Cambodia: Getting Away with Authoritarianism?

Issue Date October 2005
Volume 16
Issue 4
Page Numbers 98-112
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What if a country holds an election but it proves not to matter? Cambodians voted nationwide in July 2003, only to see their polity’s three main political parties take almost a year to form a new administration. The long-ruling Cambodian People’s Party (CPP) of Prime Minister Hun Sen won 47.4 percent of the popular vote but gained 59.3 percent of the seats in the National Assembly thanks to Cambodia’s unusual “highest-average” system of proportional voting, which favors large parties. The CPP’s two main rivals, the nominally royalist formation known by its French acronym of FUNCINPEC and the populist opposition Sam Rainsy Party (or SRP, named for its founder and leading personality) each won around about a fifth of the total vote and a similar share of seats in the 123-member National Assembly (the actual seat totals were 73 for the CPP, 26 for FUNCINPEC, and 24 for the SRP).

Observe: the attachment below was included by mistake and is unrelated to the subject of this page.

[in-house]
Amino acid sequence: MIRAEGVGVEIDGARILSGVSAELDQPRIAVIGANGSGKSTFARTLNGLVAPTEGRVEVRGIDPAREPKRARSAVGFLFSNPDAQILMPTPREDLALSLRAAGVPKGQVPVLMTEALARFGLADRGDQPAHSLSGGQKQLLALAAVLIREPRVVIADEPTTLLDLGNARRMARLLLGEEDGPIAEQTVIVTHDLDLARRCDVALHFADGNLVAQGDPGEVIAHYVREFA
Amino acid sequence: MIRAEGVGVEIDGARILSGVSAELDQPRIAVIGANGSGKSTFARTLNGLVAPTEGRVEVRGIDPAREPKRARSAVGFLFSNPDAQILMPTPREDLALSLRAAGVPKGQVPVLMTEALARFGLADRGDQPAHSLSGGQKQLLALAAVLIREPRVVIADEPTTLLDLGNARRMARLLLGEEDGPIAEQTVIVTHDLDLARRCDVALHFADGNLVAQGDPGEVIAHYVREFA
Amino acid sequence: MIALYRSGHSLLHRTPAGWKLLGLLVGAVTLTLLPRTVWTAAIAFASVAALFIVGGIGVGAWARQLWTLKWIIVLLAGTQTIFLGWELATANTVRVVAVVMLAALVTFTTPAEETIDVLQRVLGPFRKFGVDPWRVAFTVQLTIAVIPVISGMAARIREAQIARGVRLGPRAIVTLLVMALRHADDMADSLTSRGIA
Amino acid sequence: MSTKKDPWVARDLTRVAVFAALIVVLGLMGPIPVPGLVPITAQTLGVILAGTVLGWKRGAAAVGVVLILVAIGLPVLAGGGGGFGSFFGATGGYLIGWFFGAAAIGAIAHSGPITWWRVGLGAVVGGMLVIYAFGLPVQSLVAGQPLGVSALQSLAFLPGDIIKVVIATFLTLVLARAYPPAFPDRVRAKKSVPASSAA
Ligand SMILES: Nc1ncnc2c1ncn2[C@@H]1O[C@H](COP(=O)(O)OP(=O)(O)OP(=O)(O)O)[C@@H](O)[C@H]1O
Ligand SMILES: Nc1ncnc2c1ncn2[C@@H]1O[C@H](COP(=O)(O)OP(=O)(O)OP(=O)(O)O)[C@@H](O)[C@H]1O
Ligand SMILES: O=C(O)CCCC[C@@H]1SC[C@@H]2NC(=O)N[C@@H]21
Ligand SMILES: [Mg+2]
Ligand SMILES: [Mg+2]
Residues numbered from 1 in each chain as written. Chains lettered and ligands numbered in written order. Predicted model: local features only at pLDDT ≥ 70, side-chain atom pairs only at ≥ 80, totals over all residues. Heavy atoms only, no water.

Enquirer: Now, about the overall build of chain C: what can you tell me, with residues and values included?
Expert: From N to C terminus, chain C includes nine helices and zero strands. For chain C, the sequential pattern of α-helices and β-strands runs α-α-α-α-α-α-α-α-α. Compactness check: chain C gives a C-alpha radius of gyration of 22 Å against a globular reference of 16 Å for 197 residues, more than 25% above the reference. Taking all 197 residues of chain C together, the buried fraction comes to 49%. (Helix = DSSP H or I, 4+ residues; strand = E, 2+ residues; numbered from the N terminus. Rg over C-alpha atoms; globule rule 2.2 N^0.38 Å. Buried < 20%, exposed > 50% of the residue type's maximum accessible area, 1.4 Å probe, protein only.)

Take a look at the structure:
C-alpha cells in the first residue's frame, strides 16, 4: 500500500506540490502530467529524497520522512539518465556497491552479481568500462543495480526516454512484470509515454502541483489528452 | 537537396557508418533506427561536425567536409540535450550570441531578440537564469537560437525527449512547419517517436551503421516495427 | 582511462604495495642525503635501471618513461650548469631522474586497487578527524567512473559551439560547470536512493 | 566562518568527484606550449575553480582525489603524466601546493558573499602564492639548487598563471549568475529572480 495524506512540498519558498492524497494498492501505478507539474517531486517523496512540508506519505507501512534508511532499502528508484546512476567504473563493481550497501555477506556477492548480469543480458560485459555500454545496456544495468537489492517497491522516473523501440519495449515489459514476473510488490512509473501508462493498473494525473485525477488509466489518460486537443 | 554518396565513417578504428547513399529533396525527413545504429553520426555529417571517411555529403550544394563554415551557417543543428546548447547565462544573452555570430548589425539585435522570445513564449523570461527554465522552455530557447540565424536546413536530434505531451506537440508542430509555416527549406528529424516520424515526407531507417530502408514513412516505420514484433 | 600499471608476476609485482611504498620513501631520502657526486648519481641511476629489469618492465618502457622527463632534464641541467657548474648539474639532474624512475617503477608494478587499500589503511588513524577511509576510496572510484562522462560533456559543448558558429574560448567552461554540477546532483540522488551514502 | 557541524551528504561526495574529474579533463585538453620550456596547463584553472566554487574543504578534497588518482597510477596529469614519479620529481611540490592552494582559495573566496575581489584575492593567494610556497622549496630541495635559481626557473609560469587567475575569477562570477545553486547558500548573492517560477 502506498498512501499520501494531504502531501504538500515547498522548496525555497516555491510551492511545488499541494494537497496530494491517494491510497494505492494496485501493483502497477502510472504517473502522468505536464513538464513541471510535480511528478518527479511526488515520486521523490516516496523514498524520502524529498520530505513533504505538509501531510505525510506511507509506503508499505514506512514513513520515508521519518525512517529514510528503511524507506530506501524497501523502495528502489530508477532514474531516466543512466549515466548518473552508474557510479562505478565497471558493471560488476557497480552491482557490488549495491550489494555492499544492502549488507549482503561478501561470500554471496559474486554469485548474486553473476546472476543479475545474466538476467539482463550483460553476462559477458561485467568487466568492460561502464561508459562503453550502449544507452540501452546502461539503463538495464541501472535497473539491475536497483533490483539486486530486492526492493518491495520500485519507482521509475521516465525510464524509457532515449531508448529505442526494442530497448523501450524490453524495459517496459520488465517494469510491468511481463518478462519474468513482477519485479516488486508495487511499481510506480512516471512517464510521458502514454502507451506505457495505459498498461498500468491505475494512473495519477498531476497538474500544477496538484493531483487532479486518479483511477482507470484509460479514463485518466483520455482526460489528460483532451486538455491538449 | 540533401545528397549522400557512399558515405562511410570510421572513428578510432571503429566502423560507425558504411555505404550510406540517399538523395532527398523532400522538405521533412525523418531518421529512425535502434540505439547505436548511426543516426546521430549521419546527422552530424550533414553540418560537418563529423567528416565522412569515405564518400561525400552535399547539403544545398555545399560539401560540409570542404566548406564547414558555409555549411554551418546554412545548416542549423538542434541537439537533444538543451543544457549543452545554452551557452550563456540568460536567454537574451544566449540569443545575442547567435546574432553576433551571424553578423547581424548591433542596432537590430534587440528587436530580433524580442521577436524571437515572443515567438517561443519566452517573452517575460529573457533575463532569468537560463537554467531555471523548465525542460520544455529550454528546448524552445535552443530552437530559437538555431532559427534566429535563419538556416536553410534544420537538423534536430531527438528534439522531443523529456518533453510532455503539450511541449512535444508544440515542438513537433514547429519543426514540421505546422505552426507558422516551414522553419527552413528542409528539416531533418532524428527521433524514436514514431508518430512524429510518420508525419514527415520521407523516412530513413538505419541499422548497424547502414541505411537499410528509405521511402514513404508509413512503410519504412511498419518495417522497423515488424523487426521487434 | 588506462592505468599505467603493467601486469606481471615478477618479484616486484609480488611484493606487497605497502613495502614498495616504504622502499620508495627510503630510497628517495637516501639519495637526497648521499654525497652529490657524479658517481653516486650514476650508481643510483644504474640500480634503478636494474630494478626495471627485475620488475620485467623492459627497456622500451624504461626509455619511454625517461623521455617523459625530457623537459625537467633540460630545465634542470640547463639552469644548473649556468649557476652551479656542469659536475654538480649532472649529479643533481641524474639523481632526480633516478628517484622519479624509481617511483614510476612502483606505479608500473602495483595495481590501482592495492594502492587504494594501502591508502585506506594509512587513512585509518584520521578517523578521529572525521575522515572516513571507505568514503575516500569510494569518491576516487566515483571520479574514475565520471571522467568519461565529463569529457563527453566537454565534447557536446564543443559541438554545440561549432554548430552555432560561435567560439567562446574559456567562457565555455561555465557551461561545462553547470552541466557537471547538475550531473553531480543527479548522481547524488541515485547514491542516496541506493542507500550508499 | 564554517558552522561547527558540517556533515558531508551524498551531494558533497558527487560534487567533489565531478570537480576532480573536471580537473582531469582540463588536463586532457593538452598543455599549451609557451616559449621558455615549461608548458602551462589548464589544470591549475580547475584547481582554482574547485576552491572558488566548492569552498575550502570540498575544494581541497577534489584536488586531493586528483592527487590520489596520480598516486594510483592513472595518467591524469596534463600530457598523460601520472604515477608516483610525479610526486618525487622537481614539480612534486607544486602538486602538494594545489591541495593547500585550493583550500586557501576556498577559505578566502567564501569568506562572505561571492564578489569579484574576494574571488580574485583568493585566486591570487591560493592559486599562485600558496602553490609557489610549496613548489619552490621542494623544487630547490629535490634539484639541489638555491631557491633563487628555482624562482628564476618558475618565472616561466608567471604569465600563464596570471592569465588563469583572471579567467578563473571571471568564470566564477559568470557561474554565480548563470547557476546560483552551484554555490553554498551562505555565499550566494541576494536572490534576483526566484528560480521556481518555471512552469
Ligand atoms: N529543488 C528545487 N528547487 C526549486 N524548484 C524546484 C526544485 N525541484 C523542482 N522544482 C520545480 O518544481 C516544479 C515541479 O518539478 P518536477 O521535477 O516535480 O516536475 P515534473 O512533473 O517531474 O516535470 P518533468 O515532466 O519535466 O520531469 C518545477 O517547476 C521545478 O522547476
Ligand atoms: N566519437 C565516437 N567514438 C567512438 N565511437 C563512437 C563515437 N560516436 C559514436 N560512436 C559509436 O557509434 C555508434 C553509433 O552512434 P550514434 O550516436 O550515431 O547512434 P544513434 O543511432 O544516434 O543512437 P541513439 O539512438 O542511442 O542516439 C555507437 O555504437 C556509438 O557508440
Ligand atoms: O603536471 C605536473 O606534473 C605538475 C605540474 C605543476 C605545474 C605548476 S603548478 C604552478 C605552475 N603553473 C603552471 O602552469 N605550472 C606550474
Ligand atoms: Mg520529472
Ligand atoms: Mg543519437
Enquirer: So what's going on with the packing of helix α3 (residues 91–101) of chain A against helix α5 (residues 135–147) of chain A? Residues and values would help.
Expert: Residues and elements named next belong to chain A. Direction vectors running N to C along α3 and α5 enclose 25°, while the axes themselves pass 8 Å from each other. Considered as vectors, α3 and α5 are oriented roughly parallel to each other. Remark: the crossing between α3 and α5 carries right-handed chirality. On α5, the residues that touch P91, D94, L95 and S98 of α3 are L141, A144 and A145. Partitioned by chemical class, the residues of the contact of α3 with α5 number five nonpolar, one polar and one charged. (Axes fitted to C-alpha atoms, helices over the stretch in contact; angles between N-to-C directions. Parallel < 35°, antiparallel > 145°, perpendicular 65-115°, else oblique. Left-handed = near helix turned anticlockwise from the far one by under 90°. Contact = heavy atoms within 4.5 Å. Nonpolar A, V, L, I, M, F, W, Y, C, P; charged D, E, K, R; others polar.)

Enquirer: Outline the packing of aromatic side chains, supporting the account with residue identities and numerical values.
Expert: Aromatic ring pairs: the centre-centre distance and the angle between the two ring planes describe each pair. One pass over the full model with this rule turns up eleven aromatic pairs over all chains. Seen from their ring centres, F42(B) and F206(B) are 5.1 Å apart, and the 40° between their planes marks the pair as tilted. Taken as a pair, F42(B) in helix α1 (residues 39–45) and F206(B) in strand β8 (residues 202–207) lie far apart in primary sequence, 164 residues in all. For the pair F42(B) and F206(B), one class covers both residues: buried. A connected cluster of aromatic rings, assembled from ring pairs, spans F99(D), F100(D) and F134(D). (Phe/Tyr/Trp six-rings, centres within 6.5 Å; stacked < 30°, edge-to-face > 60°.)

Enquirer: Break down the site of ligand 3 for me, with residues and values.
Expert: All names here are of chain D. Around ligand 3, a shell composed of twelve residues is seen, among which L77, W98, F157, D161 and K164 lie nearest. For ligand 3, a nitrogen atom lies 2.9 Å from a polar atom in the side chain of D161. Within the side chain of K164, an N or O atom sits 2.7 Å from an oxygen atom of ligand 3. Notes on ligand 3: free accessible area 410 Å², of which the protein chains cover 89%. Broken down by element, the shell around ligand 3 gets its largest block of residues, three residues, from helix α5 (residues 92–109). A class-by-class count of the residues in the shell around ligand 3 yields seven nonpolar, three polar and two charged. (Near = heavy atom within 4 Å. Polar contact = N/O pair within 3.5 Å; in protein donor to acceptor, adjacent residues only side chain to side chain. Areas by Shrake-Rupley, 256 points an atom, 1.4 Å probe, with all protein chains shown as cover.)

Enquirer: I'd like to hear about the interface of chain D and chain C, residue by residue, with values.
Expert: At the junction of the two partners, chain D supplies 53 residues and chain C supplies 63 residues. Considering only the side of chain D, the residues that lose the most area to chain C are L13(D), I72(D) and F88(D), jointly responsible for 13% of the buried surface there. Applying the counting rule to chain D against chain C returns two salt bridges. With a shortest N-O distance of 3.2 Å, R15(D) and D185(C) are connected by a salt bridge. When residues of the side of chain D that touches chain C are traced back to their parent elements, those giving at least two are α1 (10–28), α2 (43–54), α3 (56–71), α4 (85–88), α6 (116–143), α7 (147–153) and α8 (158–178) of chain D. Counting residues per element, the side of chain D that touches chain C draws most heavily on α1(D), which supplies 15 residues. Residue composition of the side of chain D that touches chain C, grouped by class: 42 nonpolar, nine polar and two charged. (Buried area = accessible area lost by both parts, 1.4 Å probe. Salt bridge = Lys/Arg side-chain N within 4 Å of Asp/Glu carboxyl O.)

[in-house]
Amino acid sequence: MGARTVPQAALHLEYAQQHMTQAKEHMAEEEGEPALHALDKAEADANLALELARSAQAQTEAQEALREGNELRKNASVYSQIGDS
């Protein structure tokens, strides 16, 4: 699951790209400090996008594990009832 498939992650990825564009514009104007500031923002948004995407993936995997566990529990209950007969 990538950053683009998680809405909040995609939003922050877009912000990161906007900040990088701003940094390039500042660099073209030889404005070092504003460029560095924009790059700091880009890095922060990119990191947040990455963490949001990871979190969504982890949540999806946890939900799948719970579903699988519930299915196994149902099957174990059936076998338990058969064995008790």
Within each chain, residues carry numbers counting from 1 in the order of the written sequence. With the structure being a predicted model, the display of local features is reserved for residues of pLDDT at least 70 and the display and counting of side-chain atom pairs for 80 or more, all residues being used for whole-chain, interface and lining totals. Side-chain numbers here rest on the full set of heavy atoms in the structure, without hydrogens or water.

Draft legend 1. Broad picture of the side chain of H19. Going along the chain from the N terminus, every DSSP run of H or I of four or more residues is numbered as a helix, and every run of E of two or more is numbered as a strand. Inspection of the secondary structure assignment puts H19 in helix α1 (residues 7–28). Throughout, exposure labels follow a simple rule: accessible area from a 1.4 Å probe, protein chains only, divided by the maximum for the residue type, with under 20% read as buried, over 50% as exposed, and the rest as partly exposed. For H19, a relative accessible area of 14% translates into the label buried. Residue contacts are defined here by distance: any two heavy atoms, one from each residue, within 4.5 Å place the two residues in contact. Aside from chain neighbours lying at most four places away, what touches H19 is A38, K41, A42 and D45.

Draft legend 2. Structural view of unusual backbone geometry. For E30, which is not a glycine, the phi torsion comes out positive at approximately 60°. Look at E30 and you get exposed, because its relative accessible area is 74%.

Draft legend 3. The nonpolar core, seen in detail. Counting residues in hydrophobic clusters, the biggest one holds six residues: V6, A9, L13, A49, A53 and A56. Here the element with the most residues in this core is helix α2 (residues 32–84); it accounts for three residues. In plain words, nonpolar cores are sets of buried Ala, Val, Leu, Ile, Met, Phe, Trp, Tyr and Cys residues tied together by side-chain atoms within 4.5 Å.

About the Author

Duncan McCargo is President’s Chair in Global Affairs and professor of English at Nanyang Technological University, Singapore. His latest book (authored with Anyarat Chattharakul) is Future Forward: The Rise and Fall of a Thai Political Party (2020).

View all work by Duncan McCargo